Why you cannot trust US Covid data
In Connecticut, fully vaccinated people are rising from the dead
Unlike England, or Scotland, or Israel, or Germany, or many other countries that have semi-functioning governments, the United States has no nationally reliable source of Covid or Covid vaccine data.
Our famed Centers for Disease Control has turned out to be less famed than infamous. It has failed in every conceivable way since February 2020. Some inconceivable ways too. Worse, in the months since Joe Biden staggered into the White House, the CDC has slipped from mere incompetence into actively twisting science for its new political masters. It has become a true Dept. of Pandemia. (More on this to come.)
In place of centralized national data, we have state health department reports. The states are probably about as competent as the CDC overall, but a bit less political. Maybe.
They also run their own immunization registries and also closer to the local hospital systems and coroners that report Covid deaths. So their five o’clock folly body count reports go through a little less truth destruction.
A note to younger readers: Body count doesn’t mean what you think it means.
During the Vietnam War, the United States military regularly reported its “body counts” - the number of Vietcong guerillas or North Vietnamese soldiers it had killed. These figures became infamous as the ultimate example of the way bureaucracies could release seemingly precise statistics that had no relation to reality. Reporters began to call the press briefings where they were disclosed the “five o’clock follies.”
(A note to older readers: the young ‘uns use “body count” to refer to the number of sexual partners they’ve had. Cute, huh?)
You may also know that Saigon is now called Ho Chi Minh City. The reason it’s now called Ho Chi Minh City is that the United States lost the Vietnam War despite our incredibly advanced technology, which we insisted for years was enabling us to win the war. Do I need to extend this analogy further? The enemy gets a vote, whether that enemy is human or viral.
But I digress. (Not really. The Vietnam stuff is kinda important, since the Vietnam War was the last time our government messed up anything nearly as badly as it has messed up Covid, and for some of the same reasons - as was obvious basically from the start.)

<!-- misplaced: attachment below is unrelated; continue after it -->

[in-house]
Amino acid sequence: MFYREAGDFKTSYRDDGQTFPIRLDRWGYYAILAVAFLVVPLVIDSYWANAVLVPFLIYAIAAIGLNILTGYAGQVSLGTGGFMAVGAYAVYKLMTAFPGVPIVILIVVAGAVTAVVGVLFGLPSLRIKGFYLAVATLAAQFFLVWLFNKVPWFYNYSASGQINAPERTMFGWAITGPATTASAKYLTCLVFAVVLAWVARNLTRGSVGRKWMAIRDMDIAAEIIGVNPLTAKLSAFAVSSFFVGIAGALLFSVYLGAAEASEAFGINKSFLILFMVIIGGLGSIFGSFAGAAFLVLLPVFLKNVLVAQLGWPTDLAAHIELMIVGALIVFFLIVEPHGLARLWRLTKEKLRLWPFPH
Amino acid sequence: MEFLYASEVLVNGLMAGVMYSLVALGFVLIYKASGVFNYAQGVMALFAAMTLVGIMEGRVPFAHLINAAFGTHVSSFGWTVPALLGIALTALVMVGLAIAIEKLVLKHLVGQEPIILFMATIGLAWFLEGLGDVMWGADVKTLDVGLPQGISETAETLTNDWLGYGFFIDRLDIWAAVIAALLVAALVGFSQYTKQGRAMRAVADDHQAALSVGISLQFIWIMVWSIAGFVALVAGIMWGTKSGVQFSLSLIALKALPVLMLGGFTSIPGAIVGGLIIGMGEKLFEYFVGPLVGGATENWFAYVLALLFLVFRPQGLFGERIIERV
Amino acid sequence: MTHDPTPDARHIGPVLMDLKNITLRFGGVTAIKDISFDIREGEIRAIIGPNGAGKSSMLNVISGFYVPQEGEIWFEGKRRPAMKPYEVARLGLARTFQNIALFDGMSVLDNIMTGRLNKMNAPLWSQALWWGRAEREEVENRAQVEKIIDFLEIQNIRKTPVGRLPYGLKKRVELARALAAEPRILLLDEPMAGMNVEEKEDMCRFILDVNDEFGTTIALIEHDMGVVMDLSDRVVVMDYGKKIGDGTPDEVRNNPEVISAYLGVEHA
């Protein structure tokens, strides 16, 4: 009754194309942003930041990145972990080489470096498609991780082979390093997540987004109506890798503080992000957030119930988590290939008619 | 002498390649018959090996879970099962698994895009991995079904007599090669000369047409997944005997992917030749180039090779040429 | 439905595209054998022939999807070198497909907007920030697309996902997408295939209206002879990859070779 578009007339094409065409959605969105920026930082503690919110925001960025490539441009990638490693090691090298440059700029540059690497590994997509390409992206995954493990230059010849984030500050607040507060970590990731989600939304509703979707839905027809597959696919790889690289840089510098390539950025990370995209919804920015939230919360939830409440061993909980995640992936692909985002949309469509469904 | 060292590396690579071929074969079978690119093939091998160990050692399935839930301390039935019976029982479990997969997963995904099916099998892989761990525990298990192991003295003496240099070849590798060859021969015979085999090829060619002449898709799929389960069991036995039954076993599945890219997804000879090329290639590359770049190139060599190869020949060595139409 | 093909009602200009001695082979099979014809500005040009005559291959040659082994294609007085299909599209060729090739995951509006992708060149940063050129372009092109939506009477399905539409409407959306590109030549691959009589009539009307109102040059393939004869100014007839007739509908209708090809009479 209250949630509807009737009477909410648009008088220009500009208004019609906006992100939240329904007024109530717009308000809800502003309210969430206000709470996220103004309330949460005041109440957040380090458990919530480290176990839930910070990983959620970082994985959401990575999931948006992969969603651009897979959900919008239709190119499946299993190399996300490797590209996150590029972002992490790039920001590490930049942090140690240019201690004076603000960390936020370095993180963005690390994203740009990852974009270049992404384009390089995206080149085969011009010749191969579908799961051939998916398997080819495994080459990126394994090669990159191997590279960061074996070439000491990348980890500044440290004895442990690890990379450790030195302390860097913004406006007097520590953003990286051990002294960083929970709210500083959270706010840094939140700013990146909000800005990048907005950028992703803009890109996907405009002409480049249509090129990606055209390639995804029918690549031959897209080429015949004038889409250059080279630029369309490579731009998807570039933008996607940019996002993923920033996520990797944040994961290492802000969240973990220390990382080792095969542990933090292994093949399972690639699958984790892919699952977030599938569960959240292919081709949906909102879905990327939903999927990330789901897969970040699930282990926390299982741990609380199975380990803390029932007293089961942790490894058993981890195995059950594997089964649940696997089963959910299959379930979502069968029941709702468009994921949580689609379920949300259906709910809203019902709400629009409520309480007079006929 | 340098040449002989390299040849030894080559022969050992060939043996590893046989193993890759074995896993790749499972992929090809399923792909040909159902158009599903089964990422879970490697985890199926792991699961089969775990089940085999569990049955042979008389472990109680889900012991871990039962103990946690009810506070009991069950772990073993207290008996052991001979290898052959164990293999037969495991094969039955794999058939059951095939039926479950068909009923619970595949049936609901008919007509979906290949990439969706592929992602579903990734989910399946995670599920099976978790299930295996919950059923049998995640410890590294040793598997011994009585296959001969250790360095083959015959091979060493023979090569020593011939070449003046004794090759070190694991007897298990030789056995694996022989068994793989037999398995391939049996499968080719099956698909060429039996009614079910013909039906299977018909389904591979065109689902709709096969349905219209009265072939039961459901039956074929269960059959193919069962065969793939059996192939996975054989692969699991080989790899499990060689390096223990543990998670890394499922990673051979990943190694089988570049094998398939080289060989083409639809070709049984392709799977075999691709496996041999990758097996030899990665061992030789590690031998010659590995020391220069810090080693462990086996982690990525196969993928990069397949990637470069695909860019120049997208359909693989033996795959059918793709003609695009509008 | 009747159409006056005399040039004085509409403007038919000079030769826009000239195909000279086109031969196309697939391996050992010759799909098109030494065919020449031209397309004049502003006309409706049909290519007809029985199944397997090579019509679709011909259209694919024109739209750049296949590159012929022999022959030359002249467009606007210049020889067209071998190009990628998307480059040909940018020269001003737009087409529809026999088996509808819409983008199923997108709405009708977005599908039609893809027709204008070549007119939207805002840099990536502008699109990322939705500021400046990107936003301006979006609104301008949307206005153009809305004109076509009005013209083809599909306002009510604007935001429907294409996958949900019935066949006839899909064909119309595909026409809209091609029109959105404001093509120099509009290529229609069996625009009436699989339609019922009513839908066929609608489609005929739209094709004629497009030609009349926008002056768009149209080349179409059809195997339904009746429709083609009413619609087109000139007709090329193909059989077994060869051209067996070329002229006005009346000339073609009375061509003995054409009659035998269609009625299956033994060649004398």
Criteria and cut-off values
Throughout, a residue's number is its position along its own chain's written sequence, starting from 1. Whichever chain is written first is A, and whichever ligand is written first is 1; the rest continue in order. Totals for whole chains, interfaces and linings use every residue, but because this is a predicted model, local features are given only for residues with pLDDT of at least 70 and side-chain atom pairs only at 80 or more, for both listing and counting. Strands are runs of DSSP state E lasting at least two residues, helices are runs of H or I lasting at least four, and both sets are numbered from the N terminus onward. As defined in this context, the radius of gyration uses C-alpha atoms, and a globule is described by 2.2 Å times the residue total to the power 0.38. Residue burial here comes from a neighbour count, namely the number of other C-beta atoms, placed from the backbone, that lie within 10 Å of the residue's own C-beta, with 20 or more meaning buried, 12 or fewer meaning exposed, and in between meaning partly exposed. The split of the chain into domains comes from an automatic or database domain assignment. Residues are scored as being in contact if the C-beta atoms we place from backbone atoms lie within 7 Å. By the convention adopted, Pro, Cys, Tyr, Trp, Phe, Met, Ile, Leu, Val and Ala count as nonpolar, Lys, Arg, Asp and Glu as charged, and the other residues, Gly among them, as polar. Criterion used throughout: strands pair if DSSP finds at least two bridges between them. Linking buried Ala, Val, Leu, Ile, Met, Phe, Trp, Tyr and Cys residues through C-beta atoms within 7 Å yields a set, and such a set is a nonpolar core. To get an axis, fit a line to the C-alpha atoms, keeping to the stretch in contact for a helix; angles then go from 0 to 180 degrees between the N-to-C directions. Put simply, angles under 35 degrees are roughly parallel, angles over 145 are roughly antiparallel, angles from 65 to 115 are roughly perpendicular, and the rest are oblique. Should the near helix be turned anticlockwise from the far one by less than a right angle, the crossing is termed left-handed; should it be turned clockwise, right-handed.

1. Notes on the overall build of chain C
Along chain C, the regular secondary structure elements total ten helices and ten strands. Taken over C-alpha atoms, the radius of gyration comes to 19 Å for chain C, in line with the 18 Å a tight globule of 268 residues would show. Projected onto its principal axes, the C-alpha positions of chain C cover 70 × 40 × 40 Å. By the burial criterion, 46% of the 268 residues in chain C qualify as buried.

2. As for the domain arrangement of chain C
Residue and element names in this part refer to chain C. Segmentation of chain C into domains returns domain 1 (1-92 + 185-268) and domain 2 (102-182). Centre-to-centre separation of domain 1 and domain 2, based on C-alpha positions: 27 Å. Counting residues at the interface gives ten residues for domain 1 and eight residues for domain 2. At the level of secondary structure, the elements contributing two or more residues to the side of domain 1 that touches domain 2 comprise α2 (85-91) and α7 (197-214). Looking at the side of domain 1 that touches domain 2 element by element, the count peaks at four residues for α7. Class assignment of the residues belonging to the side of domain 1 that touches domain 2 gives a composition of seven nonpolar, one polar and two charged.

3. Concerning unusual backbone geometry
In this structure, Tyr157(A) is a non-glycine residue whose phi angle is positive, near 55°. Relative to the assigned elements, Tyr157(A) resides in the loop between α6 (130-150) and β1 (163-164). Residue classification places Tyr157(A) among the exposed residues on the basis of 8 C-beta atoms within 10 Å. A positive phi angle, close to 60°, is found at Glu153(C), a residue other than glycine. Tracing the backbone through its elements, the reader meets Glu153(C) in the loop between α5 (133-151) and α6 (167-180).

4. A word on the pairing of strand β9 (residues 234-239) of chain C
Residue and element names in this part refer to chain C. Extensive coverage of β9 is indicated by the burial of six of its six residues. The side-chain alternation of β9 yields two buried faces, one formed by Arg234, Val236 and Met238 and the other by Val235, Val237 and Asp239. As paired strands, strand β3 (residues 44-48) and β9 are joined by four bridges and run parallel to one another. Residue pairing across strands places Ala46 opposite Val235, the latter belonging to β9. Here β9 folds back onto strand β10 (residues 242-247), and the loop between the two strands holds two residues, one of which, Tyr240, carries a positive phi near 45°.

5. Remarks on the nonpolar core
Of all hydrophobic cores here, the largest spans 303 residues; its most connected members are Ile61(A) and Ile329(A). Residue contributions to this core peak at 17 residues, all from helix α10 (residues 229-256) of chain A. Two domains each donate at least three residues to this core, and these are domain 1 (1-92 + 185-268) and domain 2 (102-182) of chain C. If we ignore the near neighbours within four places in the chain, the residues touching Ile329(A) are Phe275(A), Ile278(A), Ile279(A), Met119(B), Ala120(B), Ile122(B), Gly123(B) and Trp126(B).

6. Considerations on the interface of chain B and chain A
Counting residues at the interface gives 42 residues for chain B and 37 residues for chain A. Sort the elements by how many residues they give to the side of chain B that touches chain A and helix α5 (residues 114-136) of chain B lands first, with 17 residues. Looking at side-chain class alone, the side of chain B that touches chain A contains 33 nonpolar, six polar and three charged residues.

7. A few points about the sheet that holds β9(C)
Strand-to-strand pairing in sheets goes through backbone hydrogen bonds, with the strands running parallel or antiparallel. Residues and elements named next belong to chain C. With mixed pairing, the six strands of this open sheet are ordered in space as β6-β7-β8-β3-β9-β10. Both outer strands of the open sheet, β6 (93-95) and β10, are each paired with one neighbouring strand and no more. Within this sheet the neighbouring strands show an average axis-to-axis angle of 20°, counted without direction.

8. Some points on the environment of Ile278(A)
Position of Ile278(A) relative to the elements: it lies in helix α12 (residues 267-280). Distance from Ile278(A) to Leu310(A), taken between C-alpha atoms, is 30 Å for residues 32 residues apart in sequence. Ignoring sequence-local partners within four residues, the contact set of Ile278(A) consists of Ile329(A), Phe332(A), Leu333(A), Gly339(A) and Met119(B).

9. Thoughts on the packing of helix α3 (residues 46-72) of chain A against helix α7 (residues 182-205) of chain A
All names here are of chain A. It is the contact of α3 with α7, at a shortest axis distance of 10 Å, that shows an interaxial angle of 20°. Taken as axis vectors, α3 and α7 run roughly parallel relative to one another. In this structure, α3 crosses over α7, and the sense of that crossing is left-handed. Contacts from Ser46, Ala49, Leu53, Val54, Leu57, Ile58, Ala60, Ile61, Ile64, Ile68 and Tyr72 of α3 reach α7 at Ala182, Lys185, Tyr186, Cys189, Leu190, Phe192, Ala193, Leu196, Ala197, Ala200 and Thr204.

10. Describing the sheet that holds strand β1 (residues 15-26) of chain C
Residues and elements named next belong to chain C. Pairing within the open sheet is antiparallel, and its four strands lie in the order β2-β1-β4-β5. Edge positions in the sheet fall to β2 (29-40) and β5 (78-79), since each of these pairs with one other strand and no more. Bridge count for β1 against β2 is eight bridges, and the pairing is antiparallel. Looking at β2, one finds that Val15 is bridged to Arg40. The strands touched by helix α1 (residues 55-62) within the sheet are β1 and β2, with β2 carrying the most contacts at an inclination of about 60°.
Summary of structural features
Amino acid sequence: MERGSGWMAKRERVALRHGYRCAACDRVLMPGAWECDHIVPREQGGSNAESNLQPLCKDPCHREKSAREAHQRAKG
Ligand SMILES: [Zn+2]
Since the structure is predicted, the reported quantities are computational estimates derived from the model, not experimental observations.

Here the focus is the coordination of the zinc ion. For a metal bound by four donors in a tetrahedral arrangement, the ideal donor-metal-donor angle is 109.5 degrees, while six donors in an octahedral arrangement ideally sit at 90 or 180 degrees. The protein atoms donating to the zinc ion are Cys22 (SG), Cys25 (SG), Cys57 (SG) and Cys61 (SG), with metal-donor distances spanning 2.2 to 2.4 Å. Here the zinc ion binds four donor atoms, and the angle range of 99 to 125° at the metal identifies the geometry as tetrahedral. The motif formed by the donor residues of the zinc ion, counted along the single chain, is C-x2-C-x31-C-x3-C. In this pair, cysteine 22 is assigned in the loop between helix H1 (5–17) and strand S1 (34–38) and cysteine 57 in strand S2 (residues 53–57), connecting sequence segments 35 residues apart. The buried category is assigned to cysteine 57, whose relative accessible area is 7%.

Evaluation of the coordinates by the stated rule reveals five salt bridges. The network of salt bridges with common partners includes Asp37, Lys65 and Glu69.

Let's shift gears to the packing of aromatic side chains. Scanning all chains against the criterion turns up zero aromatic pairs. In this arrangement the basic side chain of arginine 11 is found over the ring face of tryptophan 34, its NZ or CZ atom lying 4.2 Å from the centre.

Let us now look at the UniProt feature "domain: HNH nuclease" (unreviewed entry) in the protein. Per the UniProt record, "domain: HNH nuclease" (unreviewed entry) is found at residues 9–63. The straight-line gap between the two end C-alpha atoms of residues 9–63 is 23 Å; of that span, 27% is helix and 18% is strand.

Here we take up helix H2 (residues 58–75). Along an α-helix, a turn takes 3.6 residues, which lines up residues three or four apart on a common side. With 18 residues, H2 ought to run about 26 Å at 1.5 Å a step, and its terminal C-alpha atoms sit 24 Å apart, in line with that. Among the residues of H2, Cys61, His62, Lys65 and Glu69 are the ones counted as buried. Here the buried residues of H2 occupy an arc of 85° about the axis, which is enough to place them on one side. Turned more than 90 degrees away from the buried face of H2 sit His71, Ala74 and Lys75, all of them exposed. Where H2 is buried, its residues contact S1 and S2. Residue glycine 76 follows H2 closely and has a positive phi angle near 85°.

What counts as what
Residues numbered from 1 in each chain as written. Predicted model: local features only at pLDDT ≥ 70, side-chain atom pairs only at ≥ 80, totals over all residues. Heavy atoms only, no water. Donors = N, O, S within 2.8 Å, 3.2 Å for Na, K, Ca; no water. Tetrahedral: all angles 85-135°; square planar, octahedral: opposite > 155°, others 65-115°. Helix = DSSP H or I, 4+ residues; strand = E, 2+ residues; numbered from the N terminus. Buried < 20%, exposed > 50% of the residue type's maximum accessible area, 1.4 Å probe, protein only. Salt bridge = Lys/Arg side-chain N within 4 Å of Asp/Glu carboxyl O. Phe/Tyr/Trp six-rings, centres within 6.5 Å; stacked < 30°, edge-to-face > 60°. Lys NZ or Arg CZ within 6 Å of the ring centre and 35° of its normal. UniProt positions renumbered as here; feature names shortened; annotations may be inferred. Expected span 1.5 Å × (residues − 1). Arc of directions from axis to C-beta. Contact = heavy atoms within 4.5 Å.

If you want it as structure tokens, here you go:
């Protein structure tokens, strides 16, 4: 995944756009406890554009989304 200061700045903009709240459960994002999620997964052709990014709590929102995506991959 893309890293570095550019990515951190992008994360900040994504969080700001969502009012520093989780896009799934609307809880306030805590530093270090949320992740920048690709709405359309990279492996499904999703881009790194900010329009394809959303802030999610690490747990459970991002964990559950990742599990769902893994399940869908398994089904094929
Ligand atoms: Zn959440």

The difference is that this time around the vast majority of the media and academia have happily lined up to join the truth gangrape, which makes stopping it much harder.
So we are stuck with the state numbers. And the state numbers are all over the place, both literally and figuratively. Some states update their numbers weekly and are reasonably transparent. Others, not so much.
For example, on Nov. 11, Connecticut reported that “one hundred seventy fifty” vaccinated people had died of Covid since February. Beyond the fact that “one hundred seventy fifty” is not a number, the state had reported a week before that 226 vaccinated people had died since February. Which seems to imply that about 50 Connecticutians (?) were resurrected last week.
Que sera, sera. Not like it’s life and death, amirite?
But stupid public health tricks aside, American data has a much bigger problem - and this one is not an accident.
The amount of information about vaccine “breakthrough” cases states and the CDC have provided has decreased over the last several months.
For example, until about a month ago, Oklahoma reported Covid hospitalizations and deaths among the vaccinated, including by the type of shot they had received.
Now, however, after months of being part of the report, that handy-dandy chart has gone bye-bye.
Why? In its Oct. 19 report, Oklahoma offered this explanation:
At this time, we are currently working on refining the process for identifying breakthrough infections and reinfections. Once we have finalized this process, we will resume providing tables.
Oh. That clears everything up. As Dr. Seuss wrote in One Fish, Two Fish: “Why are they sad and glad and bad? I do not know. Go ask your dad.” Of course, he was writing about cartoon fish.
Then again, why should the state of Oklahoma provide information the CDC won’t? Back at the start of May, the CDC stopped counting Covid infections in vaccinated Americans. The decision destroyed any efforts to track how well the vaccines worked against infection or transmission on the national level.
A fact you might think we’d want to know.
But hey, at least the CDC still provided weekly updates on vaccine breakthroughs that resulted in hospitalization and death across the United States. You could find them at a page called, handily enough: